Chef is clearly a personal film for Jon Favreau. This film of food trucks, caviar eggs and molten fillings is as much a tale of artistic resilience as it is the beauty of cooking.
It stars Favreau (writer and director besides) as celebrity chef Carl Casper. We watch as he crafts the perfect toasted sandwich, his chef’s blade lost in a joyful blur of movement. We watch as he flirts with Scarlett Johansson, and confides in his ex-wife Sofia Vergara (there is some wish-fulfilment on Favreau’s part here, perhaps). We watch as Casper self-destructs on social-media, recreates himself, refashions an aging food truck, and reconnects with his young son.
This is a thinly-disguised analogy for Favreau’s artistic career, from Swingers (1996) through to Iron Man (2008) and back again. “Starting from scratch never tasted so good,” proclaims the movie’s posters. If Casper’s work in a commercial kitchen – where his conventional menu is met with heated critical barbs – is an allusion to Marvel Studios, then Favreau evidently doesn’t think highly of the superhero studio. His boss, the sneering Riva (Dustin Hoffman), stymies Casper’s creativity: popularity and profit are Riva’s all-encompassing pursuits. The parallels to a franchise renowned for its firm hand with directors are hard to ignore.
Thankfully, Chef is more than a swipe at Marvel. It’s a warm, full-hearted film more interested in sustaining a hang-out vibe than a compelling narrative or central conflict. It’s about parenthood: to the extent that the narrative centres on anything it is on Casper’s relationship with his son, Percy (Emjay Anthony), who is about the same age as Favreau’s eldest. It’s also about food. This is not a film to see on an empty stomach, as the camera worships a smorgasbord of delicacies that glisten, steam and set one to salivating.
The film’s chief success is that it doesn’t try too hard. Casper spends the first half of the film slaving over intricate recipes fit for a hatted restaurant, but the back end has him fixing up a food truck. The film embodies the food truck’s spirit. With his son and loyal friend Martin (John Leguizamo), Casper serves Cuban sandwiches: simple, authentic, enjoyable. Chef is much the same: it’s unsophisticated and insubstantial, but possesses an honest geniality in its simplicity.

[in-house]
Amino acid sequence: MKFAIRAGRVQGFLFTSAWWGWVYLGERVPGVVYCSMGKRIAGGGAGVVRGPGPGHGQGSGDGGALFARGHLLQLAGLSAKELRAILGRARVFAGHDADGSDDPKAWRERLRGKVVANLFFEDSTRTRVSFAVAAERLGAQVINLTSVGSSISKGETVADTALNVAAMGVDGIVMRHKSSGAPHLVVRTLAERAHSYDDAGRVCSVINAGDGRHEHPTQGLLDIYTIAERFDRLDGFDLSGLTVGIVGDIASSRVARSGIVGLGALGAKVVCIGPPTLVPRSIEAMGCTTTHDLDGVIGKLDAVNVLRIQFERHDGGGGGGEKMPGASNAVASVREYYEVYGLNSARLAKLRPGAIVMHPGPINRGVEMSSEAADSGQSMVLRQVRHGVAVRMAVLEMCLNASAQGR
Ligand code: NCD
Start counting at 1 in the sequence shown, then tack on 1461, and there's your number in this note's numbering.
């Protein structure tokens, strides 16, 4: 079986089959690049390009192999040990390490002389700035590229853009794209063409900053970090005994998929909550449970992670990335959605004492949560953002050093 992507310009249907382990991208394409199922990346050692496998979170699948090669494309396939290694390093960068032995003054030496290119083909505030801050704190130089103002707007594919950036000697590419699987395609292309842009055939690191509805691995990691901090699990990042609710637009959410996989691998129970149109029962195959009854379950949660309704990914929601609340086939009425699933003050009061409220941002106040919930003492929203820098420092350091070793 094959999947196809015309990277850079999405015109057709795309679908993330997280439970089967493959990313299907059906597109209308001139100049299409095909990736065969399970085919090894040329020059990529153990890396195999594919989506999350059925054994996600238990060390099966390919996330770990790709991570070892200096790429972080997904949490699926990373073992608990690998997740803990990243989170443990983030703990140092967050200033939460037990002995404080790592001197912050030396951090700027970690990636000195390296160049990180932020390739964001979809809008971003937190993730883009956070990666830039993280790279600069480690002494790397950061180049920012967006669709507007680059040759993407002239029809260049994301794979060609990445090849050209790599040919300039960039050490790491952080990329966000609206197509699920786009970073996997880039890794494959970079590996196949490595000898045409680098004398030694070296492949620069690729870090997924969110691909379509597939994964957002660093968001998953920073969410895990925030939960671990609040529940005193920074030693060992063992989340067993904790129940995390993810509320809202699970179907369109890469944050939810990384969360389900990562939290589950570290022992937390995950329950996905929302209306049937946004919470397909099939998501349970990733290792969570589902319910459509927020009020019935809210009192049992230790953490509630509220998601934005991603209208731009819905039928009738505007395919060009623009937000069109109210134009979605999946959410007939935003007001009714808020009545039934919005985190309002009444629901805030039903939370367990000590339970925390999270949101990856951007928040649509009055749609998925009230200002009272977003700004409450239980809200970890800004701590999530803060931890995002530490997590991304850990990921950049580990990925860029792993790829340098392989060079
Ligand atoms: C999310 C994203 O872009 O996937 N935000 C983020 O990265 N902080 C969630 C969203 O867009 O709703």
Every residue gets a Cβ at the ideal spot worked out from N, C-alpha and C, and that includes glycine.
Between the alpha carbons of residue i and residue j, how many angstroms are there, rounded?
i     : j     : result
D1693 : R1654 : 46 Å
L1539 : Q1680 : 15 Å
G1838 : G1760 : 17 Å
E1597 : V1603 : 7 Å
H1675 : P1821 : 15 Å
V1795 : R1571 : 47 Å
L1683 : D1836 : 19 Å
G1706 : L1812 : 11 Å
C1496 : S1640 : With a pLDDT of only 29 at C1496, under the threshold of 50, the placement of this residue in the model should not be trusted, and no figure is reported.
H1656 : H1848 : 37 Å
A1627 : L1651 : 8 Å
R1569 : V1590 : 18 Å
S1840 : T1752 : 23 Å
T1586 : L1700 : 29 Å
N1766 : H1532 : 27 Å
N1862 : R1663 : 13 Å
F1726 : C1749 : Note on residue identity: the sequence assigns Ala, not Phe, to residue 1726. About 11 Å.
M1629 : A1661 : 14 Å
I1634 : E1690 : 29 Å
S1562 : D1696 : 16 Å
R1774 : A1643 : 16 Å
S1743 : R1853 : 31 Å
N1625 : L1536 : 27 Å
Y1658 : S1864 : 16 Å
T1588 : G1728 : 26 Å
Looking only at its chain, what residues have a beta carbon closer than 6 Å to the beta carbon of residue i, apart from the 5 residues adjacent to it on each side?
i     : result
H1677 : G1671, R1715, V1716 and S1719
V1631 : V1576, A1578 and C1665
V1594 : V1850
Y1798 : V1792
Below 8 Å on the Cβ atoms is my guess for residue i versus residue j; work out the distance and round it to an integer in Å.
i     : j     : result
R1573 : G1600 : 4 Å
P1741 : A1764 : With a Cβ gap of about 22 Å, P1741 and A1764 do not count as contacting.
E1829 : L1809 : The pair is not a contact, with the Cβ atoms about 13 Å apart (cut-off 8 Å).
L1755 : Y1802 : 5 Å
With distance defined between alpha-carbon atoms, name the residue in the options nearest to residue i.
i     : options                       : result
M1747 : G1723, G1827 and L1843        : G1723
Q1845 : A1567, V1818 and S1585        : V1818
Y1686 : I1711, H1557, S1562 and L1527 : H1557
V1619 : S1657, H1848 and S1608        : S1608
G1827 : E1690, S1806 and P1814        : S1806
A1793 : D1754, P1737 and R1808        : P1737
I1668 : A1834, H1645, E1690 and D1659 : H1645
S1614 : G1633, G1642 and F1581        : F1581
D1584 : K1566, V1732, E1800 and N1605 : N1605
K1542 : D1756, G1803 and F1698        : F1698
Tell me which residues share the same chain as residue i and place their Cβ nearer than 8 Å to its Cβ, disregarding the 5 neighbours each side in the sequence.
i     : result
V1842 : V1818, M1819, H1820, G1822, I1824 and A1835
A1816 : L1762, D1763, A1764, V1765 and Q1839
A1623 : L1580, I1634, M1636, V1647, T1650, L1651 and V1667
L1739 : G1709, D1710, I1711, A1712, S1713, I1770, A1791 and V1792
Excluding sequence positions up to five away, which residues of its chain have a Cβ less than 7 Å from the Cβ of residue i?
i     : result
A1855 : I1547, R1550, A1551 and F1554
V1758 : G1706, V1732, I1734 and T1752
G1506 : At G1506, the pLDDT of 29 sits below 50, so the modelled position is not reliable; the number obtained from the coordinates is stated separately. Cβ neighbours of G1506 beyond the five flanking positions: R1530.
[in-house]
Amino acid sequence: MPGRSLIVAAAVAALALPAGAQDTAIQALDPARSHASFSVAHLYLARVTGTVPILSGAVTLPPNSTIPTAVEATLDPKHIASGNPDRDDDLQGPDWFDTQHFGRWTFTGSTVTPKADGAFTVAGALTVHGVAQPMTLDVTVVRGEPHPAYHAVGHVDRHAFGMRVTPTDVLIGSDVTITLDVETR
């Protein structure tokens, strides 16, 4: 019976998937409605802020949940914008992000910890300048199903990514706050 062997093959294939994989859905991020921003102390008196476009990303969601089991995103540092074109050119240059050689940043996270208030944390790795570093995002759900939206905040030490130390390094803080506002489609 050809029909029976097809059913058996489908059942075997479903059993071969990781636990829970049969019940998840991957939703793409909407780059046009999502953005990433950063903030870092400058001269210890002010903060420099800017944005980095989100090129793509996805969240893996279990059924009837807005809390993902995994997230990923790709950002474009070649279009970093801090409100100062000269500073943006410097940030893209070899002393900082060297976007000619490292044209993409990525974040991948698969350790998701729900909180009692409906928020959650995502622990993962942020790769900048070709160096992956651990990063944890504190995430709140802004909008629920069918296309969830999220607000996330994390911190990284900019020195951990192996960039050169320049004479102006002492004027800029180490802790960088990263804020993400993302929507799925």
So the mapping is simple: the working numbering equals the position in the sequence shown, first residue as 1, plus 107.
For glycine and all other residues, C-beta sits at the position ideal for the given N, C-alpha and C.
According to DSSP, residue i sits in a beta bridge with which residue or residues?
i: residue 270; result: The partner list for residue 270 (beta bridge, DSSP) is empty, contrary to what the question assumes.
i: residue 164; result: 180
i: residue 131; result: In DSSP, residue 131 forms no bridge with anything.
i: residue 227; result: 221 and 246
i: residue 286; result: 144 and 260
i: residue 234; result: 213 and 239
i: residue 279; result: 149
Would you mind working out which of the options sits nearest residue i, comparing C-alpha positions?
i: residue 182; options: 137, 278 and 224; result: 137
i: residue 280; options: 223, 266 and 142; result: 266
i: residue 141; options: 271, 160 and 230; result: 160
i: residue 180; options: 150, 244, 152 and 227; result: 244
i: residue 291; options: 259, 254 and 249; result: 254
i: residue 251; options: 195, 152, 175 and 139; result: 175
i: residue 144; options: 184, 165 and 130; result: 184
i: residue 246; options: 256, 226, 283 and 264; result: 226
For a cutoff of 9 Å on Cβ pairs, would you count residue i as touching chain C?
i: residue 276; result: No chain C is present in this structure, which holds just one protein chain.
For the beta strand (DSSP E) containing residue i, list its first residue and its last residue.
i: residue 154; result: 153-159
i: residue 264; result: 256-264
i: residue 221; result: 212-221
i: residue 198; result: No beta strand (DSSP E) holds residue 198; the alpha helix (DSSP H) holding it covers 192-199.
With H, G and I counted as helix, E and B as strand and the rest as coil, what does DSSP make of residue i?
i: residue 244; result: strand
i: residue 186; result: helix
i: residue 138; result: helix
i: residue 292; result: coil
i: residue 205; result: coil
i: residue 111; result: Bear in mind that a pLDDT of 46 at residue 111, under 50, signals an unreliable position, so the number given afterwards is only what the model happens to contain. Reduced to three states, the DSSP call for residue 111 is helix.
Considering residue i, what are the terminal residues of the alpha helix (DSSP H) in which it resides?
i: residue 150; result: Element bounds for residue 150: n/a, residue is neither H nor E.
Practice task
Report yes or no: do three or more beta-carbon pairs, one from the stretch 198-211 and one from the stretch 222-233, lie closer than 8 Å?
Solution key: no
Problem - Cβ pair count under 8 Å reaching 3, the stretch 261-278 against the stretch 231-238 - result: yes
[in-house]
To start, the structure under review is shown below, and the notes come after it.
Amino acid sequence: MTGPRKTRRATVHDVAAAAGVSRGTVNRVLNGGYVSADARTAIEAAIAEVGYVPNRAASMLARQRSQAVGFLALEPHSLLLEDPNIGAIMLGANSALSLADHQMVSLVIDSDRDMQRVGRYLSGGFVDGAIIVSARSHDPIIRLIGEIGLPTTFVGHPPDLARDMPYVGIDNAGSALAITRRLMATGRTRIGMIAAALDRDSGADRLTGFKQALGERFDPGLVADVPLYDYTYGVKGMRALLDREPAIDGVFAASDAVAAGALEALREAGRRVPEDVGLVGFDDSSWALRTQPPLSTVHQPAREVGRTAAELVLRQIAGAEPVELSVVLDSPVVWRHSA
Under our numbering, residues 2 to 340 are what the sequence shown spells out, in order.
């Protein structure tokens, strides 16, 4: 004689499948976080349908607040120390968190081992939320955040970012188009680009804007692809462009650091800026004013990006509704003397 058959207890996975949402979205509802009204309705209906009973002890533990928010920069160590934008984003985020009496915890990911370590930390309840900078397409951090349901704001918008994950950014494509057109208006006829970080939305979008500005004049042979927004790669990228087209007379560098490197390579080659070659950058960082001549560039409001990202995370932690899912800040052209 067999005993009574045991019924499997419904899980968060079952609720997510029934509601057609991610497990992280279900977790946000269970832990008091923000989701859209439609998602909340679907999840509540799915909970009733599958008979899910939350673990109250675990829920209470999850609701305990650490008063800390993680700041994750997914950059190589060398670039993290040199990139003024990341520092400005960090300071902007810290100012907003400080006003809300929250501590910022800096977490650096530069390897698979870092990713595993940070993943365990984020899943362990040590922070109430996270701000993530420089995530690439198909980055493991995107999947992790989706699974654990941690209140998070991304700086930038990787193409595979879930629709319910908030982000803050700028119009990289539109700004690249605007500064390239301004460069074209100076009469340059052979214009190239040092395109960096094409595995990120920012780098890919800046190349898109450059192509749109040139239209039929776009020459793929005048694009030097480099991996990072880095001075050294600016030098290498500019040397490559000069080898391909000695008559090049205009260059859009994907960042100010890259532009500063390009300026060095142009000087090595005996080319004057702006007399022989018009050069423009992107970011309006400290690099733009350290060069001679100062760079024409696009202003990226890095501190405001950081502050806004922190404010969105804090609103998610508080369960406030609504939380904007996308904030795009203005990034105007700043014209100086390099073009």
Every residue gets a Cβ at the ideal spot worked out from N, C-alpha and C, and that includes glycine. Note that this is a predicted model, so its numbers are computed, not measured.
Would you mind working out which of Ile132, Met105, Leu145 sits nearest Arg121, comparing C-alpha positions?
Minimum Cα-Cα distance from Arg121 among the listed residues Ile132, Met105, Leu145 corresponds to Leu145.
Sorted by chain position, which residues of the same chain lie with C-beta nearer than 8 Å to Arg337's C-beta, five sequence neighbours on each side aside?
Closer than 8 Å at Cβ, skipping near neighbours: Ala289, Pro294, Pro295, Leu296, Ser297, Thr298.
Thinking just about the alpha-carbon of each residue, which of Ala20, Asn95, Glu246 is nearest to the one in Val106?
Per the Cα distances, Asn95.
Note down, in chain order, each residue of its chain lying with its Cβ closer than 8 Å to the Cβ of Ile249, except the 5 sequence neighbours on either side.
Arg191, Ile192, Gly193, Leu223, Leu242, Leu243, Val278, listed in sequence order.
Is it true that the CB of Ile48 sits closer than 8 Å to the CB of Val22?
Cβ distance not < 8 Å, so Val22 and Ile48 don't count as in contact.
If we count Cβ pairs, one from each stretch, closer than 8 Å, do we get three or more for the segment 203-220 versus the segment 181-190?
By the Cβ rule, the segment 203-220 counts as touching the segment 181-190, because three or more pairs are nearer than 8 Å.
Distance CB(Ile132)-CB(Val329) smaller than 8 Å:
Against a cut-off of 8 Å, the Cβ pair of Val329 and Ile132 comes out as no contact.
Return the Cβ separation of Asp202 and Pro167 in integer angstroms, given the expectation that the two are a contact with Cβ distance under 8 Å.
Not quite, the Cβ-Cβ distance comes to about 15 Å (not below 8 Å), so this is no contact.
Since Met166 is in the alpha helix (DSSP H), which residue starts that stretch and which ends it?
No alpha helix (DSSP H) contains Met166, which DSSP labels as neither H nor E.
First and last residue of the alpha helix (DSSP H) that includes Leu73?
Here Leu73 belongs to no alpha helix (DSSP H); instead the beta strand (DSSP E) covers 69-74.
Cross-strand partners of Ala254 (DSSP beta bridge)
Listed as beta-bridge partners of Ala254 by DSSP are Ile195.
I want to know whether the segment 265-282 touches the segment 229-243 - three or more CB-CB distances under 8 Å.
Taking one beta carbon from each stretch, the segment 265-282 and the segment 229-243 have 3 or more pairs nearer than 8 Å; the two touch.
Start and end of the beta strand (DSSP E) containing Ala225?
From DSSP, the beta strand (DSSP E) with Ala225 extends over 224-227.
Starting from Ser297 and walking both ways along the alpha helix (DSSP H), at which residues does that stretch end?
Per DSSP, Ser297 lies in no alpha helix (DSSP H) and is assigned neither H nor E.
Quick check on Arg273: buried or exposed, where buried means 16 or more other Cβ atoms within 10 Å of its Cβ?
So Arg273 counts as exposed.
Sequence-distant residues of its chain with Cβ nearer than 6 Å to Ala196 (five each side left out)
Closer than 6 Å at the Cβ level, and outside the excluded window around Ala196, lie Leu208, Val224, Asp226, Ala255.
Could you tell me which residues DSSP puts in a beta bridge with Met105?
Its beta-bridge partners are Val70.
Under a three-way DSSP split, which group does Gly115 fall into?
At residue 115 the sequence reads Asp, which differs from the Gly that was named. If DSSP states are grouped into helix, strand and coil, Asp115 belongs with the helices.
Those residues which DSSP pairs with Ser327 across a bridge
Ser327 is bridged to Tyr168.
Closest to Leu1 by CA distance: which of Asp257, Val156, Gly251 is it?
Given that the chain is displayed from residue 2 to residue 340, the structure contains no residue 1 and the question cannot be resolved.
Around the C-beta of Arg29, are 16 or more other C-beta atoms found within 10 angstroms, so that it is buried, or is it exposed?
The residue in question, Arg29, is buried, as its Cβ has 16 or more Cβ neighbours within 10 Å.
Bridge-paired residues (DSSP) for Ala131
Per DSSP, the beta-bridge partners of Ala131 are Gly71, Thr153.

It avoids typical pitfalls of personal films by having a sense of perspective. For example, hoity-toity critic Ramsey Michel (Oliver Platt) is initially painted as the villain, but is granted humanity late in the piece. Few rebukes of film critics on behalf of directors are as even-handed.
Not that the script is generous to all of its players. Chef is about men – friends, colleagues, fathers and sons – and has little time for the women around them. Even Robert Downey Jr.’s cameo as a romantic rival of Casper’s has more complexity than the script deigns to grant Johansson or Vergara. There are other problems, too – the prominence of social media in marketing is authentic but overplayed (at times the film could be retitled How to Promote Your Business on Twitter) andfor an easy romp it overstays its welcome.
These are minor complaints. After all, Chef is food truck fare: crowd-pleasing and enjoyable, even if a tad undercooked.
This review was originally published at The 500 Club.